It is readily discernible that, under the law as it existed at the time this Act was passed, the value of district bonds and warrants was problematical, and their salability greatly impaired, and the public credit and public good necessitated some action to remedy the defects in the existing law.

As said of the Act under consideration in State ex rel. Campbell v. Stewart, above: "This is primarily not an Act `to authorize'" a loan, gift, or donation to "`individuals, associations or corporations'; on the contrary, if it is any of these things, it is so only secondarily or incidentally."

That the purchasers of bonds or warrants shall, in the future, have greater security for the payment thereof than they have had in the past, is but incidental to the public purpose of the Act before us, and does not militate against its validity. A somewhat similar provision for stabilizing special improvement district bonds was recently upheld in the state of Washington. ( Comfort v. City of Tacoma, 142 Wn. 249, 252 P. 929.) Bank of Commerce v. Huddleston, 172 Ark. 999, 50 A.L.R. 1202, 291 S.W. 422, also sustains our position. It is true that the public work considered therein was coextensive with the city, but, as all public works constructed within special improvement districts must necessarily benefit the entire city, this fact does not lessen the force of the decision as an authority here.

We are concerned only with the legality, and not at all with the policy or reasonableness, of a legislative enactment, and, in the absence of a constitutional limitation, the legislature has plenary power to levy taxes for public purposes. The question as to whether or not this enactment will trench upon the constitutional limitation of indebtedness of the city is not here presented.

Finding no constitutional prohibition against such an Act as this in its application to improvement districts created after the passage of the Act, the judgment in Stanley v. Jeffries is affirmed.

2. Stanley v. City of Great Falls: In the second case we are

called upon to consider the constitutionality of that portion of section 3 of Chapter 24, Laws of 1929, which declares that "the above provision [provisions?] of sections 1, 2, and 3 of this Act shall not apply to any district or districts heretofore created, unless and until, at an election * * * a majority of the legal voters who shall be taxpaying free-holders of property situated in the city * * * shall authorize the * * * council to proceed thereunder."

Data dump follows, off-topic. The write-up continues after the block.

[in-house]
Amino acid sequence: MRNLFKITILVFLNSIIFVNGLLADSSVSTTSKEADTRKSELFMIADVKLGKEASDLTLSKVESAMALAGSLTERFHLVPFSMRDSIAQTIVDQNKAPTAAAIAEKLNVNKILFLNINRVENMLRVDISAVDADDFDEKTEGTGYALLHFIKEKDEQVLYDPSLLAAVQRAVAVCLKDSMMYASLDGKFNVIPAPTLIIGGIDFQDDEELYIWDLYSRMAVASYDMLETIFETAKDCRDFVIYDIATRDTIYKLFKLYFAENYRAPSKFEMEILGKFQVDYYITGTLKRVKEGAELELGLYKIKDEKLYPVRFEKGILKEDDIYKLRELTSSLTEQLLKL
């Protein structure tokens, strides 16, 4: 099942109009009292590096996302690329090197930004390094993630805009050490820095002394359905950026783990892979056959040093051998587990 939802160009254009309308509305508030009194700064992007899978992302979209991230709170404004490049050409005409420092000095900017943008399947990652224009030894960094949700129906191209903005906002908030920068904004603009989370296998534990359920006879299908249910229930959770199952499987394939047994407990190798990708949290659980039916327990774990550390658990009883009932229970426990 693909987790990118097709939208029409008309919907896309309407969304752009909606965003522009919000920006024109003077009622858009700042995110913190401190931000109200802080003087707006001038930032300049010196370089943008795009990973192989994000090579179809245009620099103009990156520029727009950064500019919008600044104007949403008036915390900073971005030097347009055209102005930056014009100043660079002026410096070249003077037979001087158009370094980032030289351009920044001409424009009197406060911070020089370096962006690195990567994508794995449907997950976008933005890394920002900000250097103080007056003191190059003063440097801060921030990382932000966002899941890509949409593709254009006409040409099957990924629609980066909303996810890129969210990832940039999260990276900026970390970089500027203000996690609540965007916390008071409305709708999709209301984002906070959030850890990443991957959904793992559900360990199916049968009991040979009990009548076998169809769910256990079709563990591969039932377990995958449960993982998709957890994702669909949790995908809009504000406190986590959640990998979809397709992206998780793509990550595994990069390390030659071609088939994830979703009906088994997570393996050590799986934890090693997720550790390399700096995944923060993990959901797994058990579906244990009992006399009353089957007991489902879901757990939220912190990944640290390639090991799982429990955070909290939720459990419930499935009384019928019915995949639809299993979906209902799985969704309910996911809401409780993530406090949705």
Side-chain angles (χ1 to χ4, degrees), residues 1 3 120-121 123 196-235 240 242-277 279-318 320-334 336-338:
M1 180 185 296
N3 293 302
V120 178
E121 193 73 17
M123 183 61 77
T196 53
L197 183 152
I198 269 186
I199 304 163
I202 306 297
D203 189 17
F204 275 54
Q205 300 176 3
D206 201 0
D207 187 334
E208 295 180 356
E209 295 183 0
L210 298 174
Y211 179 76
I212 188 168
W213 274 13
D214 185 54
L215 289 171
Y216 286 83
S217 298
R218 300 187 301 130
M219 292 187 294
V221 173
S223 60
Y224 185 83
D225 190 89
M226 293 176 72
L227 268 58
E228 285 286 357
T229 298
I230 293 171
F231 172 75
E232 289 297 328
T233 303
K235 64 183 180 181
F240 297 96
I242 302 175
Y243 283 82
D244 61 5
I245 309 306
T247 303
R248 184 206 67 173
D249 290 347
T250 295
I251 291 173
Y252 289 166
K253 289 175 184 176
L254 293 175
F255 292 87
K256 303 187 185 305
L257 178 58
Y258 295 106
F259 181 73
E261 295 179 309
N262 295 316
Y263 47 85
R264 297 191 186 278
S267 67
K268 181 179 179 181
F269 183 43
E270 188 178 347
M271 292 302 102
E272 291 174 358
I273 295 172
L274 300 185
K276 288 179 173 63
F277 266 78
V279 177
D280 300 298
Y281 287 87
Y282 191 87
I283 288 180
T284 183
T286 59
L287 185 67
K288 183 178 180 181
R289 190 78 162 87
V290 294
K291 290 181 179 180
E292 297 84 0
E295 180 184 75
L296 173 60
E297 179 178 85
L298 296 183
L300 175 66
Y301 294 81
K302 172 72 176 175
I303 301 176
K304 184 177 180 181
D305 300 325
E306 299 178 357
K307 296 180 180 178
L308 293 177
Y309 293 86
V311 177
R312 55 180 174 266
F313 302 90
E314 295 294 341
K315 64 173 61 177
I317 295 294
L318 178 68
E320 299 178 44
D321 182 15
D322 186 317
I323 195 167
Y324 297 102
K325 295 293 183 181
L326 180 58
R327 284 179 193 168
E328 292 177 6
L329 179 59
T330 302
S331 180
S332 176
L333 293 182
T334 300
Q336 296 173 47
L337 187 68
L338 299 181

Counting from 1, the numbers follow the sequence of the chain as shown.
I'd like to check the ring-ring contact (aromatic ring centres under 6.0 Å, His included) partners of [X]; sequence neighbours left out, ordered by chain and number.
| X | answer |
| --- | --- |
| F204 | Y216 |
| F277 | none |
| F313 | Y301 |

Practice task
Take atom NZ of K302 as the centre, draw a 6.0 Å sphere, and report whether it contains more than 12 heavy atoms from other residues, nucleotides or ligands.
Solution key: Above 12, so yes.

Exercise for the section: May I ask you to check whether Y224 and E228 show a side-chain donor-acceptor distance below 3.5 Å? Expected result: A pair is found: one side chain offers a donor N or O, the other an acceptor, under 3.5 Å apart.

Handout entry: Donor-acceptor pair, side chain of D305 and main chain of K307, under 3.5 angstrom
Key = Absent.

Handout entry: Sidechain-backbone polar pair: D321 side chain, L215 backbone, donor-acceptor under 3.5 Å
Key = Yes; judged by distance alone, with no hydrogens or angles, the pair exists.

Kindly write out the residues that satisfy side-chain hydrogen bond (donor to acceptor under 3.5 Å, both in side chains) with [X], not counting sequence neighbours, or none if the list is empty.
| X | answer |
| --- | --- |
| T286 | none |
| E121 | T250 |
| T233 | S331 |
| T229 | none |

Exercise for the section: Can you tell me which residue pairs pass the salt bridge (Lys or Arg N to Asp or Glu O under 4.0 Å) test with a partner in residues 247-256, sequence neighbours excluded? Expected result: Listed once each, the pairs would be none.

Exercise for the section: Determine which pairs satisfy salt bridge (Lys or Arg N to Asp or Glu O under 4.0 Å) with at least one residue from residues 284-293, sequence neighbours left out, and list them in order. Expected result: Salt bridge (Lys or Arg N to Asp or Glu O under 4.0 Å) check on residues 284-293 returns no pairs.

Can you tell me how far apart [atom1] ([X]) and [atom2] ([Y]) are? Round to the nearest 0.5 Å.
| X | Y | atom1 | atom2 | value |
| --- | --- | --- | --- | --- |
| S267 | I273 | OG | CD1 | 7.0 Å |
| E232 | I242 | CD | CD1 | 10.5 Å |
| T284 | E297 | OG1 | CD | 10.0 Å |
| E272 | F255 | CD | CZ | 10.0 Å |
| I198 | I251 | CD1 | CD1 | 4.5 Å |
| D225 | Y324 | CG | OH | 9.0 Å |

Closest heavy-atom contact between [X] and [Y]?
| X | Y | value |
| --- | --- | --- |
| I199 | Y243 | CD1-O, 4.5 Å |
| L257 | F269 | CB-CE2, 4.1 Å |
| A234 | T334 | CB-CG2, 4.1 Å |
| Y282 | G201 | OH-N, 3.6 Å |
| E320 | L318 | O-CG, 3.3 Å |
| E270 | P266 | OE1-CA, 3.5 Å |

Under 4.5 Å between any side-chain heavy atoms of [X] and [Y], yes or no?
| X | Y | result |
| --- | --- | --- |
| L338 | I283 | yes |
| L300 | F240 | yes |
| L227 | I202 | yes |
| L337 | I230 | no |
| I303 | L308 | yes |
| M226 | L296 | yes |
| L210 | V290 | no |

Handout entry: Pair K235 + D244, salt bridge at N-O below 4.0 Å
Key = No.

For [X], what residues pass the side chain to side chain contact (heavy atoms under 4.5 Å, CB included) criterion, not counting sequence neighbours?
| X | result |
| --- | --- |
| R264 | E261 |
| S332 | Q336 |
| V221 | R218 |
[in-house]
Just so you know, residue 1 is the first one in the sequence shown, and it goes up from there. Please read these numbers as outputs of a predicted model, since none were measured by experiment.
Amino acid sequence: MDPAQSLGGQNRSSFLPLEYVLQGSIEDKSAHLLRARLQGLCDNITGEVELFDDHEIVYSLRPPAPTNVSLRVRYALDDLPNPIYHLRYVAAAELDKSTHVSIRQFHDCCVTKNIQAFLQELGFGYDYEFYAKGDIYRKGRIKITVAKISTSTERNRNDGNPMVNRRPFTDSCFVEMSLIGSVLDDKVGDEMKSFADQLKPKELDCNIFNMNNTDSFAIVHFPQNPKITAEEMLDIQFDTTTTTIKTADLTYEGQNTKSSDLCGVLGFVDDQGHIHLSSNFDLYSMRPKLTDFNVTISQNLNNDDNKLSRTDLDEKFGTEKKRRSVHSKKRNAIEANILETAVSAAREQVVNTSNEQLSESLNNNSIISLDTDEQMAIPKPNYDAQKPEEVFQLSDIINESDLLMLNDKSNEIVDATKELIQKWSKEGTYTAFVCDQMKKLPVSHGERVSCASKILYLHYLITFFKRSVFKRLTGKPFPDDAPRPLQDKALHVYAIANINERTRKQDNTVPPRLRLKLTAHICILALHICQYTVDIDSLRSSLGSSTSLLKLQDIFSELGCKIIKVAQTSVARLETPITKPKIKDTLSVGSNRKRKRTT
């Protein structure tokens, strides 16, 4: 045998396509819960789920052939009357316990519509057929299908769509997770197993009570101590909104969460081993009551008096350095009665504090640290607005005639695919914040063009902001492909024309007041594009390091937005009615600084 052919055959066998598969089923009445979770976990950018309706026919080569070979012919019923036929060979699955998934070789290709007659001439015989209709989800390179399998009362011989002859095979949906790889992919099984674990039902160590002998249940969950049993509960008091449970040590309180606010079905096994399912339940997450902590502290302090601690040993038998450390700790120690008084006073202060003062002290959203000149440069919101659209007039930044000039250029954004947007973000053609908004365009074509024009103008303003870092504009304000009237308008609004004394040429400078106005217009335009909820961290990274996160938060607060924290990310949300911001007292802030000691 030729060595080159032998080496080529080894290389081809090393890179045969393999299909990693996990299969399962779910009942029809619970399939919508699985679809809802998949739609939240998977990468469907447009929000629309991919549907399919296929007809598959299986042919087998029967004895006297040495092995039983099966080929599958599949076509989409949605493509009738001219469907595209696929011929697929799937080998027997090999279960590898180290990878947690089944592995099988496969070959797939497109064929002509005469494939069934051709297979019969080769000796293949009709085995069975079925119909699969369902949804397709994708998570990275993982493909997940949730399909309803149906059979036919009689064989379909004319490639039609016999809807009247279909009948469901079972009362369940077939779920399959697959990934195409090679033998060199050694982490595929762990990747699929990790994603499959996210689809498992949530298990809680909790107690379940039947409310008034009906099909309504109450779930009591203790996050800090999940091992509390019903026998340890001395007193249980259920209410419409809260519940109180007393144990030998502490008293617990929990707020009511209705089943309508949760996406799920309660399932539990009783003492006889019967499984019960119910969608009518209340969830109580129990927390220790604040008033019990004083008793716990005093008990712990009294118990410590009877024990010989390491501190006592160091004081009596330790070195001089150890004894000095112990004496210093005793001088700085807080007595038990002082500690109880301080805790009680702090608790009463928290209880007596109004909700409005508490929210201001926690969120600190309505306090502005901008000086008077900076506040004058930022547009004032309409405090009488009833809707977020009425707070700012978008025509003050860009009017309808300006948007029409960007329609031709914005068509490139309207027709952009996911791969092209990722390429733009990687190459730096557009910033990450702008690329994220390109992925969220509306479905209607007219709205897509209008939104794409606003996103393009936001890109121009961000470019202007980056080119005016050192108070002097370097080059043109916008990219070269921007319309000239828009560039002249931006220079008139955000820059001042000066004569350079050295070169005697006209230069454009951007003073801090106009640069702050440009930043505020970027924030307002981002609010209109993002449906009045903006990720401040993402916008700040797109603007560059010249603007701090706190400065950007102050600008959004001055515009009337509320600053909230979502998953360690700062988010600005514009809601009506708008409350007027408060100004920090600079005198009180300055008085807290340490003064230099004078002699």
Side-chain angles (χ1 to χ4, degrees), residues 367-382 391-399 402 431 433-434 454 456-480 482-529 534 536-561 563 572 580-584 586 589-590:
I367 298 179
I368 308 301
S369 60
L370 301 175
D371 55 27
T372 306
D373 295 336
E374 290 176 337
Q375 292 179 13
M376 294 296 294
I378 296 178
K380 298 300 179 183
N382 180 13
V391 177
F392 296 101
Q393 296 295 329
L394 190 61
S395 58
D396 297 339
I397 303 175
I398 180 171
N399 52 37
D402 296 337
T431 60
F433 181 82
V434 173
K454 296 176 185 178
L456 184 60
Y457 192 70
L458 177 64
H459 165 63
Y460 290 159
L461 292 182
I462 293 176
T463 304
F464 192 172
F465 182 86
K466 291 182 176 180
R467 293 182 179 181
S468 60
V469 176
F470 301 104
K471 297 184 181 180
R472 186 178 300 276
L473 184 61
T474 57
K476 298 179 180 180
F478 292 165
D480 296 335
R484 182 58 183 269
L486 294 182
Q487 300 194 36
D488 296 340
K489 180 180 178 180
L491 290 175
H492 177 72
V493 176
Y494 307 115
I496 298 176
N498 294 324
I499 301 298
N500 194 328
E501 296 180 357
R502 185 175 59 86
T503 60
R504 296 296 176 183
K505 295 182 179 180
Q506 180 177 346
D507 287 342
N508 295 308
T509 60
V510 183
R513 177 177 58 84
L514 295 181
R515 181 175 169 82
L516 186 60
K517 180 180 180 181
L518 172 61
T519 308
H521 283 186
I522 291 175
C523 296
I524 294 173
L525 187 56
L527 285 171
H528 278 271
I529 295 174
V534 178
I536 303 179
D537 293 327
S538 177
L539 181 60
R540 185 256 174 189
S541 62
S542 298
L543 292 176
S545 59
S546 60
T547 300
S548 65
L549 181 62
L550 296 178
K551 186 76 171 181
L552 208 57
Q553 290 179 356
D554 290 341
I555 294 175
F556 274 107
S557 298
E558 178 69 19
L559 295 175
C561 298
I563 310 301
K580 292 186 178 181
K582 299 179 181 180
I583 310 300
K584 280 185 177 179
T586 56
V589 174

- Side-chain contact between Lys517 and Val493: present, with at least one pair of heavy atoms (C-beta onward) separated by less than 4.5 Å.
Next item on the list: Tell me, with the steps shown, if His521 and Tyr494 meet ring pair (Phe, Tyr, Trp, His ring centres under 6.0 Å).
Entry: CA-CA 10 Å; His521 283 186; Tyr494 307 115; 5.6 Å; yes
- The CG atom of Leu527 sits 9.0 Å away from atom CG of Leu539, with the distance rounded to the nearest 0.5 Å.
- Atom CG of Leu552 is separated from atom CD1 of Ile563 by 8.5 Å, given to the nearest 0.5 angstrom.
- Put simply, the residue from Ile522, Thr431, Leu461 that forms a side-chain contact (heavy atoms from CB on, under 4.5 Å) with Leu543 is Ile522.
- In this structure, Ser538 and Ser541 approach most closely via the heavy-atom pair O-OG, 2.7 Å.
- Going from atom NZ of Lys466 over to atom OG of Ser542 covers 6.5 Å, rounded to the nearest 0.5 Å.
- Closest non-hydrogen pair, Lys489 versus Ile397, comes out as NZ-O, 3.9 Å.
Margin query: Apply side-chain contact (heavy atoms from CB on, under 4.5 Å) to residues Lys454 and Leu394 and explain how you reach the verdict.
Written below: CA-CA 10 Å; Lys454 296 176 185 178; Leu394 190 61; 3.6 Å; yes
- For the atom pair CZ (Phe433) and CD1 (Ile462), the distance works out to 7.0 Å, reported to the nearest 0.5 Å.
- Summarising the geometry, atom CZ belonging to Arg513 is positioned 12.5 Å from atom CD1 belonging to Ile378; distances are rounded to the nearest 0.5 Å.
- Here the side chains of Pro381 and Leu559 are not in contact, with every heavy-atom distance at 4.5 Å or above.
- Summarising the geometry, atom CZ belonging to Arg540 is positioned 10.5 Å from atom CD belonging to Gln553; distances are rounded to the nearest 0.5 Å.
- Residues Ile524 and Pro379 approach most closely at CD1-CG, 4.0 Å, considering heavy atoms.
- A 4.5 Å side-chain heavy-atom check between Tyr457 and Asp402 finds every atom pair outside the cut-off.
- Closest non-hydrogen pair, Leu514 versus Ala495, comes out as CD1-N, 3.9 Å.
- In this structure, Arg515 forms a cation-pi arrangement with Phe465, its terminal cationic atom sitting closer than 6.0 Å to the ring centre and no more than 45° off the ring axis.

The wording of this provision demonstrates that the legislature was mindful of the provisions of section 13, Article XV, of the Constitution against which plaintiff asserts the Act offends. This section declares that "the legislative assembly shall pass no law for the benefit of a railroad or other corporation, or any individual or association of individuals, retrospective in its operation, or which imposes on the people of any county or municipal subdivision of the state, a new liability in respect to transactions or considerations already passed."

Herein the legislature did not attempt to impose a liability upon the people with respect to past transactions, but merely gave them the option to impose such a burden upon themselves if they saw fit, which, in so far as this inhibition of the Constitution is concerned, they may do. ( In re Pomeroy, 51 Mont. 119, 151 P. 333.)

The Act does not offend against the prohibition contained in section 13 of Article XV of the Constitution.

However, what is the purpose of the Act in so far as it deals with special improvement district bonds and warrants issued prior to the date thereof? Such bonds and warrants were, it is true, issued for the purpose of constructing a public work, and consequently issued for a public purpose, but the transaction has been completed and the bonds and warrants accepted in full settlement thereof; they have passed into the hands of individuals or corporations. With respect to these, there is no duty or obligation resting upon the city other than to enforce and obey the provisions of the special improvement district laws; if this is done, and still a loss is suffered by reason of deficiencies in that law, the loss falls upon the holders of the bonds and warrants, and not upon the city.